Me, any time I go downtown.
Highly sensitive types who are also high achieving tend to be strong-willed enough to do whatever it takes to meet their goals and fulfill their dreams. This often comes with the price of entry: do as others do, but do it more, and better.
So we put on our big-person pants, learn to excel, and roll with the punches as best we can. We hide our sensitivity, ignore our impulses, and pack our work and social calendars full. Constantly meeting, talking, doing, in environments that are loud, poorly lit, and overstimulating, often comes with the territory of success as we typically define it.
We’re already highly attuned to stimuli and tapped in to how others perceive us. But we create suffering for ourselves when we compare our operating systems to others’ and pretend we aren’t who we are, that we don’t need what we need, and that everything is just hunky-dory when we’re reeling inside from one minute to the next.
By trying to be something we’re not, and by (usually unconsciously) aligning with patriarchal notions of what “normal” is and what seems required to succeed, we often push ourselves further away from our truth.
It’s easy to ignore the basics of how you best operate, especially when you’re driven to achieve big things. It’s a tension highly sensitive high achievers have to constantly navigate: how much can I push myself without blowing a fuse? How far is too far?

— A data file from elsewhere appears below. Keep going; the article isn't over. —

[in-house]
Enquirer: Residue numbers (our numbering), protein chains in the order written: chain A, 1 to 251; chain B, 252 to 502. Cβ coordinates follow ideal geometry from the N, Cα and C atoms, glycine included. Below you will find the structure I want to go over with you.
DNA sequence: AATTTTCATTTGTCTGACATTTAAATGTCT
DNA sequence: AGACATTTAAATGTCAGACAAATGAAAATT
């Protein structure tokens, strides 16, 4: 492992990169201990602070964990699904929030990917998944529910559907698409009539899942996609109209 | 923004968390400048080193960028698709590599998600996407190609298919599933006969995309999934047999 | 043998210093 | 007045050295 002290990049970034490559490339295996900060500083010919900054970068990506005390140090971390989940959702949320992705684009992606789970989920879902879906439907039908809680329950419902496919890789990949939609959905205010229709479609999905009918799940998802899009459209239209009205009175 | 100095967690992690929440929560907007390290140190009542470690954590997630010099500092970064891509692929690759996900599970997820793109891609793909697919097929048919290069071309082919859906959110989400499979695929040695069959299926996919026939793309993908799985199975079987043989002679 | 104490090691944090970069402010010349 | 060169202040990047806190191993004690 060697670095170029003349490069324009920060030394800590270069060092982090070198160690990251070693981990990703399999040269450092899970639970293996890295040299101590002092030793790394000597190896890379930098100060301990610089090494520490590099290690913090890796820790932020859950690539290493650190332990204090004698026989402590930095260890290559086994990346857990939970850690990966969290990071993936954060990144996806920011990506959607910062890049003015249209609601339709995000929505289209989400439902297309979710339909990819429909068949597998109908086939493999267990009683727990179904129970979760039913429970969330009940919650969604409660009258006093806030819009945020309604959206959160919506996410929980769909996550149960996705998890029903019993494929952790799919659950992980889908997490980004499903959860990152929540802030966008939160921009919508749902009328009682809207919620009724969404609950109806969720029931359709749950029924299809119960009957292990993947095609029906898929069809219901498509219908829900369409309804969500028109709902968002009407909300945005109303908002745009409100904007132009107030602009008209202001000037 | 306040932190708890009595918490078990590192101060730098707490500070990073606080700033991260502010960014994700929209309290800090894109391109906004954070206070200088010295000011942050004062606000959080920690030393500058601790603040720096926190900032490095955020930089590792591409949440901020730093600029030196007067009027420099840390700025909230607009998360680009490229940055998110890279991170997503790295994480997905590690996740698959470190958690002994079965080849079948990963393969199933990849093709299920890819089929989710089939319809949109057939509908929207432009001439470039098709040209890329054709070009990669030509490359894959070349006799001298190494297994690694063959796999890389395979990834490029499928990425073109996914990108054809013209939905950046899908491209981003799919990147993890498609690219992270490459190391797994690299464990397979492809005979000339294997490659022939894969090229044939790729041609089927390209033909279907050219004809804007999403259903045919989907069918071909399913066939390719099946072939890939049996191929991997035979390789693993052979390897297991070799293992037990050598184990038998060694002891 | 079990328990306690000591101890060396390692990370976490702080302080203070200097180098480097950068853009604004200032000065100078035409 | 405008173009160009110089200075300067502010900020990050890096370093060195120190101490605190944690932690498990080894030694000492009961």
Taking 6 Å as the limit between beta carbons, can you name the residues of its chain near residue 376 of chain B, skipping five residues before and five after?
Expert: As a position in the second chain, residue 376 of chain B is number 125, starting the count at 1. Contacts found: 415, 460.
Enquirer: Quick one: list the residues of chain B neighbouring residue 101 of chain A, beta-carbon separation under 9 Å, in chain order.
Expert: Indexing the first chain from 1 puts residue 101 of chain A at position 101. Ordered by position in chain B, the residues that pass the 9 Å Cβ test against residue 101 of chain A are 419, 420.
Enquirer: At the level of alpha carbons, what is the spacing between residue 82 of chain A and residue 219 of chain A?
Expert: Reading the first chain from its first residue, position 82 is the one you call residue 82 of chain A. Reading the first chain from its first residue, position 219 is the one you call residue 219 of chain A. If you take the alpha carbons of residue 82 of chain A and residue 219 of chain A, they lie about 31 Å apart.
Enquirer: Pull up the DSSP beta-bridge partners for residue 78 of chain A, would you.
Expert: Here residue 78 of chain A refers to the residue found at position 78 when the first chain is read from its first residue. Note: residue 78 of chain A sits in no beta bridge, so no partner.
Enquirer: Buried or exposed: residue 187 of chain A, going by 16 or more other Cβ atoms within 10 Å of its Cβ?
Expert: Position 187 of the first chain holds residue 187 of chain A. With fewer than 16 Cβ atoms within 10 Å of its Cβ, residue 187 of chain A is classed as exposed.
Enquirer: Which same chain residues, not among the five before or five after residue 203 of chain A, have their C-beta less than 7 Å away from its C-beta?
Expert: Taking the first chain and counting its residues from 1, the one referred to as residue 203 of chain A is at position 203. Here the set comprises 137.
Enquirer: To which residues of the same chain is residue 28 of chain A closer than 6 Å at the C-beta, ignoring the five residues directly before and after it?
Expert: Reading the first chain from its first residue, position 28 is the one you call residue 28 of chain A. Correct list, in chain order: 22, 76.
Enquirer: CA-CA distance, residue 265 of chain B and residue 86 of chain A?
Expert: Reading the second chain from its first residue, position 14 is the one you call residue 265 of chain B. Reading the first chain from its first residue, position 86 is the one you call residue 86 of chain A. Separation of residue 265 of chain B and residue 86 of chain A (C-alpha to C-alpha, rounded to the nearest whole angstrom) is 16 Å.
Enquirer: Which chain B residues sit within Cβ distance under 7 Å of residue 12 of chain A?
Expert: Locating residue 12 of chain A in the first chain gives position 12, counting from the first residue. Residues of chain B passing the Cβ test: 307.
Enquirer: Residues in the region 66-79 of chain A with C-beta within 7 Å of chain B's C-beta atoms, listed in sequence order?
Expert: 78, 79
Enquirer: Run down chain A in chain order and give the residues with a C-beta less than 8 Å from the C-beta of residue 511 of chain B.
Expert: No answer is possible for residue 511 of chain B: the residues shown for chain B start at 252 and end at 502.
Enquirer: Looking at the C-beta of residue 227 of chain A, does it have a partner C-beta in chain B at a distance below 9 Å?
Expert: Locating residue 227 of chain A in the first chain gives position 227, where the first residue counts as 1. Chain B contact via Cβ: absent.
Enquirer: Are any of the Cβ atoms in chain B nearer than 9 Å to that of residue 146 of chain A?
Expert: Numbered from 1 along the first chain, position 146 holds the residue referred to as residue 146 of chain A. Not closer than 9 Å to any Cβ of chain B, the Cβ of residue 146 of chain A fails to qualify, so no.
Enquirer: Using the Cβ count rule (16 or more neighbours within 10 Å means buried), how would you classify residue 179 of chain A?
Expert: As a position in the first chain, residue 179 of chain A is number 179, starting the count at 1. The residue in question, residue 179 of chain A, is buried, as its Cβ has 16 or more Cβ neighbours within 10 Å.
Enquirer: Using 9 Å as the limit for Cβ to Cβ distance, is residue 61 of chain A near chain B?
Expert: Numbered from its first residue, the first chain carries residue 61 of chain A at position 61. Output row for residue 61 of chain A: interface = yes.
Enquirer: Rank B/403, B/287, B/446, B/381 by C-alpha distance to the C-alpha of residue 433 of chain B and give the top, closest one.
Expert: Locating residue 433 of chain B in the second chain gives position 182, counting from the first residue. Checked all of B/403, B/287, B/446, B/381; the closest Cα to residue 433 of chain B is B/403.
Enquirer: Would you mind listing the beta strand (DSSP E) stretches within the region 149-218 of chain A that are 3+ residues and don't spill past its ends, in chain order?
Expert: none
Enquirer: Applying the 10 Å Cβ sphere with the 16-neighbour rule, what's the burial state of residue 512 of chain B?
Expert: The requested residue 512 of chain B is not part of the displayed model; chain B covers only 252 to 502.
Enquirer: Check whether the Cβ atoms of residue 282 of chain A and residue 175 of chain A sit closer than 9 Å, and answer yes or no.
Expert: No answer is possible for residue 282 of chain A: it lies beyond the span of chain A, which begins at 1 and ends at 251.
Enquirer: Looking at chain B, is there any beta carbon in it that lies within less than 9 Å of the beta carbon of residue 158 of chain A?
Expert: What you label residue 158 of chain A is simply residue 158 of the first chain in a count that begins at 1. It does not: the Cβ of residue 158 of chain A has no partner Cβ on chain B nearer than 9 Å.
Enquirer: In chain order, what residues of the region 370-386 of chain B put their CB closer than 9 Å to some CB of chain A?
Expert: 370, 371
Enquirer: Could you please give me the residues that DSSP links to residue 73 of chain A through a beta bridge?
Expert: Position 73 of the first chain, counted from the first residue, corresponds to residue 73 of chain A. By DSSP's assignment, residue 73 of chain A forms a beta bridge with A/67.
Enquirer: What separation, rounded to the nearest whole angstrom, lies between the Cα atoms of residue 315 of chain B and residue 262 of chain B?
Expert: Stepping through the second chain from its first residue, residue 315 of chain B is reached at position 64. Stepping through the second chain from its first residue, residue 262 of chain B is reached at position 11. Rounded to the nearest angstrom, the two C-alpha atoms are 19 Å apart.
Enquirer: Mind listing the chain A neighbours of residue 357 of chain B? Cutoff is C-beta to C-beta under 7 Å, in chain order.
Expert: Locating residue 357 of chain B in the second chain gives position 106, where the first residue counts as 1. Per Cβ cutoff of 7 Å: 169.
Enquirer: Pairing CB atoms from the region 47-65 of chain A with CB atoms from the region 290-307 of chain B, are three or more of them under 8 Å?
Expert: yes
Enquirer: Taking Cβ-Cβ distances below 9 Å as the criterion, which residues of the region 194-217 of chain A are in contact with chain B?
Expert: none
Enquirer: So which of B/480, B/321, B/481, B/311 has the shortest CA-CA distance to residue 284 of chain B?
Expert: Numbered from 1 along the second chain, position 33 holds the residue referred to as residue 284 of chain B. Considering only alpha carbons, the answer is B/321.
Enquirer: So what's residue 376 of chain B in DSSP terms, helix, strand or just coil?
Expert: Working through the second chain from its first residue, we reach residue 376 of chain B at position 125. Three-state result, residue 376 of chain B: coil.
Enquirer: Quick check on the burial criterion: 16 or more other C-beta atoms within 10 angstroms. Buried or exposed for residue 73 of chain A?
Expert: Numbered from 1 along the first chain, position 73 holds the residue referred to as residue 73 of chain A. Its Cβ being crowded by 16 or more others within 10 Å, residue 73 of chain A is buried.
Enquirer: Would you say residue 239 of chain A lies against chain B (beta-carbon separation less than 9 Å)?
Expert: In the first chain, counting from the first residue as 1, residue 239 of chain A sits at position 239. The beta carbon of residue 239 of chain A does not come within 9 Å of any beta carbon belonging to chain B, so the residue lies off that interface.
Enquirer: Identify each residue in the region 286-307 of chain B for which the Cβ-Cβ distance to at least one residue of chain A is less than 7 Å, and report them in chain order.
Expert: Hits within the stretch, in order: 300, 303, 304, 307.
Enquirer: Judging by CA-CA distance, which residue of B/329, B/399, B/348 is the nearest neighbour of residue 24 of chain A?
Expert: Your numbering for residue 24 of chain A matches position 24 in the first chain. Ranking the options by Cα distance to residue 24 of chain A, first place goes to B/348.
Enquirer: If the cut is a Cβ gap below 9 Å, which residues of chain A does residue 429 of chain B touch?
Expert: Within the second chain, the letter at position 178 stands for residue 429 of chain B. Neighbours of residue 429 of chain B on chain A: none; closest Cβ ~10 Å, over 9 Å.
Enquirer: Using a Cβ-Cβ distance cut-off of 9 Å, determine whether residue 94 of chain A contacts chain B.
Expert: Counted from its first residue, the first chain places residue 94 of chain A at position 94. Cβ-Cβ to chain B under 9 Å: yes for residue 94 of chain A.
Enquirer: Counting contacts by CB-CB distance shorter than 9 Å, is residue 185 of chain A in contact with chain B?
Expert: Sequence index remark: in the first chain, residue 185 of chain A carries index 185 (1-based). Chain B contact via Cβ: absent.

Here’s the gold nugget I want you to walk away with today: being highly sensitive in itself does not equate to suffering. Your resistance to it does.
Disarming the archer
There’s a Buddhist parable about suffering in the Sallatha Sutta, one of the oldest Buddhist texts. The parable is often retold like this:
The Buddha once asked a student, “If a person is struck by an arrow, is it painful?” The student said duh. (Silly Buddha.) He then asked, ”If the person is struck by a second arrow, is it even more painful?” Again, the student said yes, duh.
The Buddha then explained, “In life, we can’t always control the first arrow. However, the second arrow is our reaction to the first. This second arrow is optional.” The student’s mind then exploded.
The first arrow in the story symbolizes pain: the overwhelm, the stubbed toe, the relationship ending, the illness. It’s the pain that can’t be avoided when we experience the shit sandwich of life.
The second arrow symbolizes suffering: it’s our reaction to the painful event. It’s how we interpret that pain, and what we make it mean about us, usually along the lines of I’m not worthy/good enough/smart enough/lovable.